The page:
Sunday, 9 March 2008

The Book Thief - Mark Zusak


This is definitely the best book I’ve read this year. It took me a while to sit down and write about it because I’m afraid I won’t be able to do it justice with my words. My copy is a big chunky hardback, 580 pages long, but it didn’t bother me to carry it around anywhere I went, while I was reading it. Instead I walked proudly with my big book under my arm, eagerly waiting for the next opportunity to continue the story.

A warning: the first few pages feel strange. The narrator takes his time to introduce us to the main story, playing with us, giving glimpses of what’s to come. We soon find out that it’s Death who’s speaking, and it’s his (oh, by the way, is Death male or female? Who knows…) peculiar point of view that will escort the reader throughout the book.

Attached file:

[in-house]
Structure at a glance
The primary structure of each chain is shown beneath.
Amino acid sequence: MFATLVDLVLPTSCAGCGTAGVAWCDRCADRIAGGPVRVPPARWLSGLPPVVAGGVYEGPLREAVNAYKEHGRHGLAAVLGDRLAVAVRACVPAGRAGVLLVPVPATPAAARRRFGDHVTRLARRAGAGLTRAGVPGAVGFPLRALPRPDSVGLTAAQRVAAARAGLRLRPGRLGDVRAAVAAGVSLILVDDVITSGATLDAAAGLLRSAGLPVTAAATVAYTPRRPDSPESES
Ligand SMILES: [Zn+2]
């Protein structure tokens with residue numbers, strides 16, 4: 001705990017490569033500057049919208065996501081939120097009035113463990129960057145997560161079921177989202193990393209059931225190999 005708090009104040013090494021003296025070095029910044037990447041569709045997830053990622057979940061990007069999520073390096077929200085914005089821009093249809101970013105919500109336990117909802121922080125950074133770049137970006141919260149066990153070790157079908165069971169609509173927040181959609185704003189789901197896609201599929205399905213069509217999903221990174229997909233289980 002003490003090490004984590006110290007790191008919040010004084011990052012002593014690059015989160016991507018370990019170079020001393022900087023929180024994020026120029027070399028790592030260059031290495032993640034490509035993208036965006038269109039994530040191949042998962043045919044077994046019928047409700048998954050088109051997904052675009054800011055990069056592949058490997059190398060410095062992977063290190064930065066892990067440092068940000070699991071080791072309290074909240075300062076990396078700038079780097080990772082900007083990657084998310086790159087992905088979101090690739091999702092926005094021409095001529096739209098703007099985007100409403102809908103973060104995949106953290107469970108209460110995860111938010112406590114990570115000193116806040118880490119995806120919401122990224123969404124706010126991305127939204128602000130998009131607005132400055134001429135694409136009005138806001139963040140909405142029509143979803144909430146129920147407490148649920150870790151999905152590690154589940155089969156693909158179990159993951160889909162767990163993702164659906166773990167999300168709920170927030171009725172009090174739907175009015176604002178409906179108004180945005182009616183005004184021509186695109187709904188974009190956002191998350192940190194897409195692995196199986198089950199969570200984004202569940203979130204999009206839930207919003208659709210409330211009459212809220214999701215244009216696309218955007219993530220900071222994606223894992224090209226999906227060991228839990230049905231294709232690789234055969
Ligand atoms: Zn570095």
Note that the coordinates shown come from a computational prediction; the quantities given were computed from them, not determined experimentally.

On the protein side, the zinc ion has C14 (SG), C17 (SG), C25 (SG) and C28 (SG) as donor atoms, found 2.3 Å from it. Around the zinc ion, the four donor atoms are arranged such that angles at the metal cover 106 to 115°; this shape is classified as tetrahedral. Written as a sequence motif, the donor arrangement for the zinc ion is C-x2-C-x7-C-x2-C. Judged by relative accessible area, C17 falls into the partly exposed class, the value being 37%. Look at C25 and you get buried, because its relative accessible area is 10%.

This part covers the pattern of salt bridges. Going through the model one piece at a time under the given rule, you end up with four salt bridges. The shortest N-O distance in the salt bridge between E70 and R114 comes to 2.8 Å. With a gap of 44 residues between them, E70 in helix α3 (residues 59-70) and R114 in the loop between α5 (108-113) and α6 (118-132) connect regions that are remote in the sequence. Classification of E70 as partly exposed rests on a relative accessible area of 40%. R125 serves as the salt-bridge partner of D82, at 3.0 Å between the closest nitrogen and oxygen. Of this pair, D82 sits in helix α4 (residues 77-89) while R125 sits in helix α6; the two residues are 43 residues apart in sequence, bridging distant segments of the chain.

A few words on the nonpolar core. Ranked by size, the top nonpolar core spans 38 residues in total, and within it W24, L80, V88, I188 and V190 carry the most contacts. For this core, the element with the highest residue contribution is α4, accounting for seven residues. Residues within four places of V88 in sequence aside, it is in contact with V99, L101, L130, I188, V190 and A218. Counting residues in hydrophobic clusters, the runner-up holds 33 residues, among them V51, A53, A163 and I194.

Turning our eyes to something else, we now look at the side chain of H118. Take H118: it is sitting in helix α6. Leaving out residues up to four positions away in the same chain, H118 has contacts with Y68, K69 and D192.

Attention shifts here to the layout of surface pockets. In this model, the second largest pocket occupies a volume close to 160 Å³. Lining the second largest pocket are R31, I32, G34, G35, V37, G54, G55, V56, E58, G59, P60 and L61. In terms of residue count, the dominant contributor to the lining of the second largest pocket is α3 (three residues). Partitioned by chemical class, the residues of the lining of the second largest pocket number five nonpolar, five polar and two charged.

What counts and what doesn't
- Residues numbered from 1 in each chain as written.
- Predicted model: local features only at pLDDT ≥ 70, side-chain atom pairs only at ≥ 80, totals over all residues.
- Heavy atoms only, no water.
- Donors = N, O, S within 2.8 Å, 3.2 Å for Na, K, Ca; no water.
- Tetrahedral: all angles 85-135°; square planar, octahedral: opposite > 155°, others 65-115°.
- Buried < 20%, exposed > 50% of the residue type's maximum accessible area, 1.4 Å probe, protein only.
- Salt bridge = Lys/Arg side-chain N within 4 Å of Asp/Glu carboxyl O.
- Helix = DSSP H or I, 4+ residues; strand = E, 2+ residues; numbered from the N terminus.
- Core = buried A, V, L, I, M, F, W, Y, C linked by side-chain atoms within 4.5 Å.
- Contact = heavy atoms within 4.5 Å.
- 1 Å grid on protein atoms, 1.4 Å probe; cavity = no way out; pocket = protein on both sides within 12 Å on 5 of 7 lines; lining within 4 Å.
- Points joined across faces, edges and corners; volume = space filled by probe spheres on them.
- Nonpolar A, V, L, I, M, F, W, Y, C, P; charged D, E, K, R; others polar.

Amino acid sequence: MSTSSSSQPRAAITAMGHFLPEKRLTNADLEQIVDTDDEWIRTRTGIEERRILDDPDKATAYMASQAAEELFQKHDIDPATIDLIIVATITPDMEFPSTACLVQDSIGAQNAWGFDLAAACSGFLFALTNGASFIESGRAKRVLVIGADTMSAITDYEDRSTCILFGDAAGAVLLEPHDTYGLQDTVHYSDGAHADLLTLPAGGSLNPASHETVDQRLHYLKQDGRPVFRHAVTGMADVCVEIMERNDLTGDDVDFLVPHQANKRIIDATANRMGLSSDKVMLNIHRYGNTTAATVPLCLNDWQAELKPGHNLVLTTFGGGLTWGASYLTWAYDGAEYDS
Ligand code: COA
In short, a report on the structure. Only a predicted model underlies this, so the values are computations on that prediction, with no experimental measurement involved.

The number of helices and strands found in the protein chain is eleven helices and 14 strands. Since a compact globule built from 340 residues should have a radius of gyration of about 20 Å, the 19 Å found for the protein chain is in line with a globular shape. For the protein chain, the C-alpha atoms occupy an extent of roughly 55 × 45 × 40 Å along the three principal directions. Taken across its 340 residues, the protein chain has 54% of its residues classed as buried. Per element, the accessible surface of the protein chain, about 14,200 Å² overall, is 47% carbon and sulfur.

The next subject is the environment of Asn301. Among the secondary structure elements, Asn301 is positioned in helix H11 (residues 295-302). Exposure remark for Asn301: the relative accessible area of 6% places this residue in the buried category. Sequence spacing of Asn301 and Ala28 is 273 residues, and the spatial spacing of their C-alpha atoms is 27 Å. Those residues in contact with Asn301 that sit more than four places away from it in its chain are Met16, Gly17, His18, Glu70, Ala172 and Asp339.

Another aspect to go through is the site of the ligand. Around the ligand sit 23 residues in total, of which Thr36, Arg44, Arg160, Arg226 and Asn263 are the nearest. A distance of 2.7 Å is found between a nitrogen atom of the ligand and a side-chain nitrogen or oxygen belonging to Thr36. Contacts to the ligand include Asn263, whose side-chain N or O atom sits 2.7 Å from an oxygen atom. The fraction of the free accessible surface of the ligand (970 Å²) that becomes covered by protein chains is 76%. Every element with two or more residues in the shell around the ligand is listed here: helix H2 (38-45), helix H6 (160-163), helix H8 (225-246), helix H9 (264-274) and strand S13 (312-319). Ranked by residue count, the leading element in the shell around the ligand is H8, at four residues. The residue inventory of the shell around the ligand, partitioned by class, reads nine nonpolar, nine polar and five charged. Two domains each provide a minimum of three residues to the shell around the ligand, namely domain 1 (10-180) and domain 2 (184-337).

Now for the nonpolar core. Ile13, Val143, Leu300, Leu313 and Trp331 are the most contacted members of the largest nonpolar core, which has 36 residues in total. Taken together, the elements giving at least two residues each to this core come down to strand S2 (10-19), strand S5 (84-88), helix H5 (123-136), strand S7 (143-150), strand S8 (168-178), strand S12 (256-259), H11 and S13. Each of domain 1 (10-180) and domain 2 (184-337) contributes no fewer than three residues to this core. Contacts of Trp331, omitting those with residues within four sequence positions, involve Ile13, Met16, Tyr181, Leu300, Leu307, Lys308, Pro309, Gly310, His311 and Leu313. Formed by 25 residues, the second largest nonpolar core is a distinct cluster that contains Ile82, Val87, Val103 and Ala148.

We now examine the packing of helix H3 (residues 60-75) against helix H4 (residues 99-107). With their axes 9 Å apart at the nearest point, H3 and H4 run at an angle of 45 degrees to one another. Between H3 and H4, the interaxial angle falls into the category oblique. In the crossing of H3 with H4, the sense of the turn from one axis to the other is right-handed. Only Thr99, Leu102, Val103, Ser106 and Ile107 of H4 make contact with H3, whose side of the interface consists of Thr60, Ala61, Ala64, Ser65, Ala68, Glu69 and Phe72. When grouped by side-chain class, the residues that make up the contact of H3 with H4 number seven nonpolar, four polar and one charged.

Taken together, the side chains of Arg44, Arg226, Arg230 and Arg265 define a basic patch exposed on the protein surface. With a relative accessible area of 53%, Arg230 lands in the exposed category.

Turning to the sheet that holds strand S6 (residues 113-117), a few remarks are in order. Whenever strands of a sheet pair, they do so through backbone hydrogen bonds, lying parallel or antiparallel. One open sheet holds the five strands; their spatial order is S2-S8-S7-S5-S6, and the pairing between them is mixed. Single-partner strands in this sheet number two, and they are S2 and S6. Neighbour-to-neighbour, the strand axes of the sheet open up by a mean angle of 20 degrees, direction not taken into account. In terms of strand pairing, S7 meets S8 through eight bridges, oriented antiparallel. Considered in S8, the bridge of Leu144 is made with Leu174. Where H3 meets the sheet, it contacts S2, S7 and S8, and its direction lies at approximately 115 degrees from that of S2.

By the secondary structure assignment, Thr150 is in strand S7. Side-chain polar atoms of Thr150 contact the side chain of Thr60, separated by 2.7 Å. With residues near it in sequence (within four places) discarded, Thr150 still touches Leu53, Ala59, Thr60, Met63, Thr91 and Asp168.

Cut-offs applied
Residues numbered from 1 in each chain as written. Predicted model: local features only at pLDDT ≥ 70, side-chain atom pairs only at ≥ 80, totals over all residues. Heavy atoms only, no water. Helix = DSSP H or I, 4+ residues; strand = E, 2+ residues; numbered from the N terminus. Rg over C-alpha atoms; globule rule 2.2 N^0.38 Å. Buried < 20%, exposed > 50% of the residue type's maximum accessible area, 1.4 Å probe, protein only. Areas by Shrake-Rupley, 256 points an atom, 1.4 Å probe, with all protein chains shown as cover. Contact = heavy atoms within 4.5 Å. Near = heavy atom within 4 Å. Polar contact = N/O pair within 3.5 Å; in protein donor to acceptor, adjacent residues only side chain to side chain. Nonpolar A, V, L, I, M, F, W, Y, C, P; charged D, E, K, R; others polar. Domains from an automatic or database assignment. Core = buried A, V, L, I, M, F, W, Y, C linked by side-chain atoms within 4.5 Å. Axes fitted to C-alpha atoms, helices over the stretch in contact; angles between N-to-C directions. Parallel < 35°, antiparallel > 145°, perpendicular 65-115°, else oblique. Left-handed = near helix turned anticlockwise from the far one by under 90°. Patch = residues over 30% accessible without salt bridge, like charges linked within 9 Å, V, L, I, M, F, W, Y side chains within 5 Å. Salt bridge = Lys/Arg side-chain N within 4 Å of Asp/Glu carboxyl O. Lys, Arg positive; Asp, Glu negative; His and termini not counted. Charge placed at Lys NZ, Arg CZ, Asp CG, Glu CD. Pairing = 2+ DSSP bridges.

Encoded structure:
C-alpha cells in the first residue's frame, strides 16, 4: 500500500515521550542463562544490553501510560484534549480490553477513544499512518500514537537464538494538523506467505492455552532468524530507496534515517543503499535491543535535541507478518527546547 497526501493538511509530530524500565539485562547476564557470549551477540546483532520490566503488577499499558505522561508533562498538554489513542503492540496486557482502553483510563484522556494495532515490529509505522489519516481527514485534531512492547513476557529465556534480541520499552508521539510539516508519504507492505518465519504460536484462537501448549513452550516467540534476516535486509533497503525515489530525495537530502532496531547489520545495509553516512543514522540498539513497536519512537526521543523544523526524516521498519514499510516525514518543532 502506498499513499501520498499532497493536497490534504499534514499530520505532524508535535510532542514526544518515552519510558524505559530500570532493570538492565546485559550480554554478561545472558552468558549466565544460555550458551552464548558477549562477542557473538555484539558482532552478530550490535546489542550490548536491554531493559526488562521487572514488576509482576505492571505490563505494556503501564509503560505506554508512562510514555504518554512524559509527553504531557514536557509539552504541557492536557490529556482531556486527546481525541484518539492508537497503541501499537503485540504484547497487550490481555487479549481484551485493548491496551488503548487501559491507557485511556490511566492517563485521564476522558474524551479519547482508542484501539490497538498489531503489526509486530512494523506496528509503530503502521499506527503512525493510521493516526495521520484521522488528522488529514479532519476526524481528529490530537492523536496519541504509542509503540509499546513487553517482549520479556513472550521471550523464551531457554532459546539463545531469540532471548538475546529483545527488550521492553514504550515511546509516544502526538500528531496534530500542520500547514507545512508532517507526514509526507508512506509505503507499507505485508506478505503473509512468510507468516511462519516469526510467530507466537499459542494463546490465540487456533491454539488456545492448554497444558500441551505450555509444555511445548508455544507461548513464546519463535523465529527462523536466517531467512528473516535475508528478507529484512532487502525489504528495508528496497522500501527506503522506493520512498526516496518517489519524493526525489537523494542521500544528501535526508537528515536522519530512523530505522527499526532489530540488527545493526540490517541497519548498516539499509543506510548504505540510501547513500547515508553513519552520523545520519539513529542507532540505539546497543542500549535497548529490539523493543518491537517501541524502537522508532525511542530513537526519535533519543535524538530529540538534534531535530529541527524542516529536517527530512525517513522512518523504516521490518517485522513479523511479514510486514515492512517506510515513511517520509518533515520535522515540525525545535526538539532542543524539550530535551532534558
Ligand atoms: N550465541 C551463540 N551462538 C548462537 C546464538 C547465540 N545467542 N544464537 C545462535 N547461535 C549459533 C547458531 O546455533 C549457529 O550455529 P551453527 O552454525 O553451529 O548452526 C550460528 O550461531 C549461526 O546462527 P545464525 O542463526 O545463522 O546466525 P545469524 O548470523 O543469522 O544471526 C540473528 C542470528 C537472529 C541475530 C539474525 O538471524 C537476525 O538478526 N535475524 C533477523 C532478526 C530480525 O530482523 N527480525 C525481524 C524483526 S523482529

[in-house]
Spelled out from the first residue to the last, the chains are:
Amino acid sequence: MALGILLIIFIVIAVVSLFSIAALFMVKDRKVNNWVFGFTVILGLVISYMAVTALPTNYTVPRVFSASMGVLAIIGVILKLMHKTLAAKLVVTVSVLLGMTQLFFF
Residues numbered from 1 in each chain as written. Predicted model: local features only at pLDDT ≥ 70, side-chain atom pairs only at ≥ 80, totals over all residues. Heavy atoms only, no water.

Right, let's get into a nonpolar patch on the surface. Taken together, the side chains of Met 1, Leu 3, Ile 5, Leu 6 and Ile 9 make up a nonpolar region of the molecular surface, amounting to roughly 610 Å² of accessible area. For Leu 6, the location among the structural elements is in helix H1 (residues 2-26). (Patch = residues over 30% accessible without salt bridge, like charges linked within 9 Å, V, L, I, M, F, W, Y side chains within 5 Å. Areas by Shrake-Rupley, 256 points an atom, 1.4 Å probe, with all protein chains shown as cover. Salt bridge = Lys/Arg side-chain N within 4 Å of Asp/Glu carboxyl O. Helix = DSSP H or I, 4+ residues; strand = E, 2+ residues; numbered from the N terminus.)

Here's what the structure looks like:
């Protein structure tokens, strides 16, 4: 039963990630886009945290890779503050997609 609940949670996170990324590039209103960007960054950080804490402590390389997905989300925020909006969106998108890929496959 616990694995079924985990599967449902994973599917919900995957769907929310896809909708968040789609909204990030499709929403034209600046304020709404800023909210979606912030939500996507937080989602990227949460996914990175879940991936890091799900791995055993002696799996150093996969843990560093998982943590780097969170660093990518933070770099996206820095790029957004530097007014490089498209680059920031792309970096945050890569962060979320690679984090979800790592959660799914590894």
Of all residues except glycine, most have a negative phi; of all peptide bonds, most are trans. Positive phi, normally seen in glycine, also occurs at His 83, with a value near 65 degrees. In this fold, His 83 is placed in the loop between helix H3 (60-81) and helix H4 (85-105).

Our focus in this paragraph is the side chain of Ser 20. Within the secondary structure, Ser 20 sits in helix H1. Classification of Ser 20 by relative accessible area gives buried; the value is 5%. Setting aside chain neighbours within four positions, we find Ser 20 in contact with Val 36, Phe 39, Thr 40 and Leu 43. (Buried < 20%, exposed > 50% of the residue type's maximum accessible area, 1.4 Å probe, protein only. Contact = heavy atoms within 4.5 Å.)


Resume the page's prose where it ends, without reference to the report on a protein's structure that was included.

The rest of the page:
As soon as Liesel Meminger was introduced, I was scooped into the story and I wasn’t let go till the end.

At the start Liesel is 9, it’s 1939 and it’s Germany. She’s travelling with her mother and brother to a small town called Molching to meet her future foster-family, the Hubermanns. Her parents are communist, which is almost as bad as being a Jew, therefore her mother is forced to abandon her children and flee. During the journey Liesel’s brother suddenly dies, leaving her to face her new life alone. She has only one thing to remind her of the last day she saw her mother and brother. It’s a book that she picked up on the graveyard, “The Gravedigger’s handbook”. The first book stolen by the Book Thief.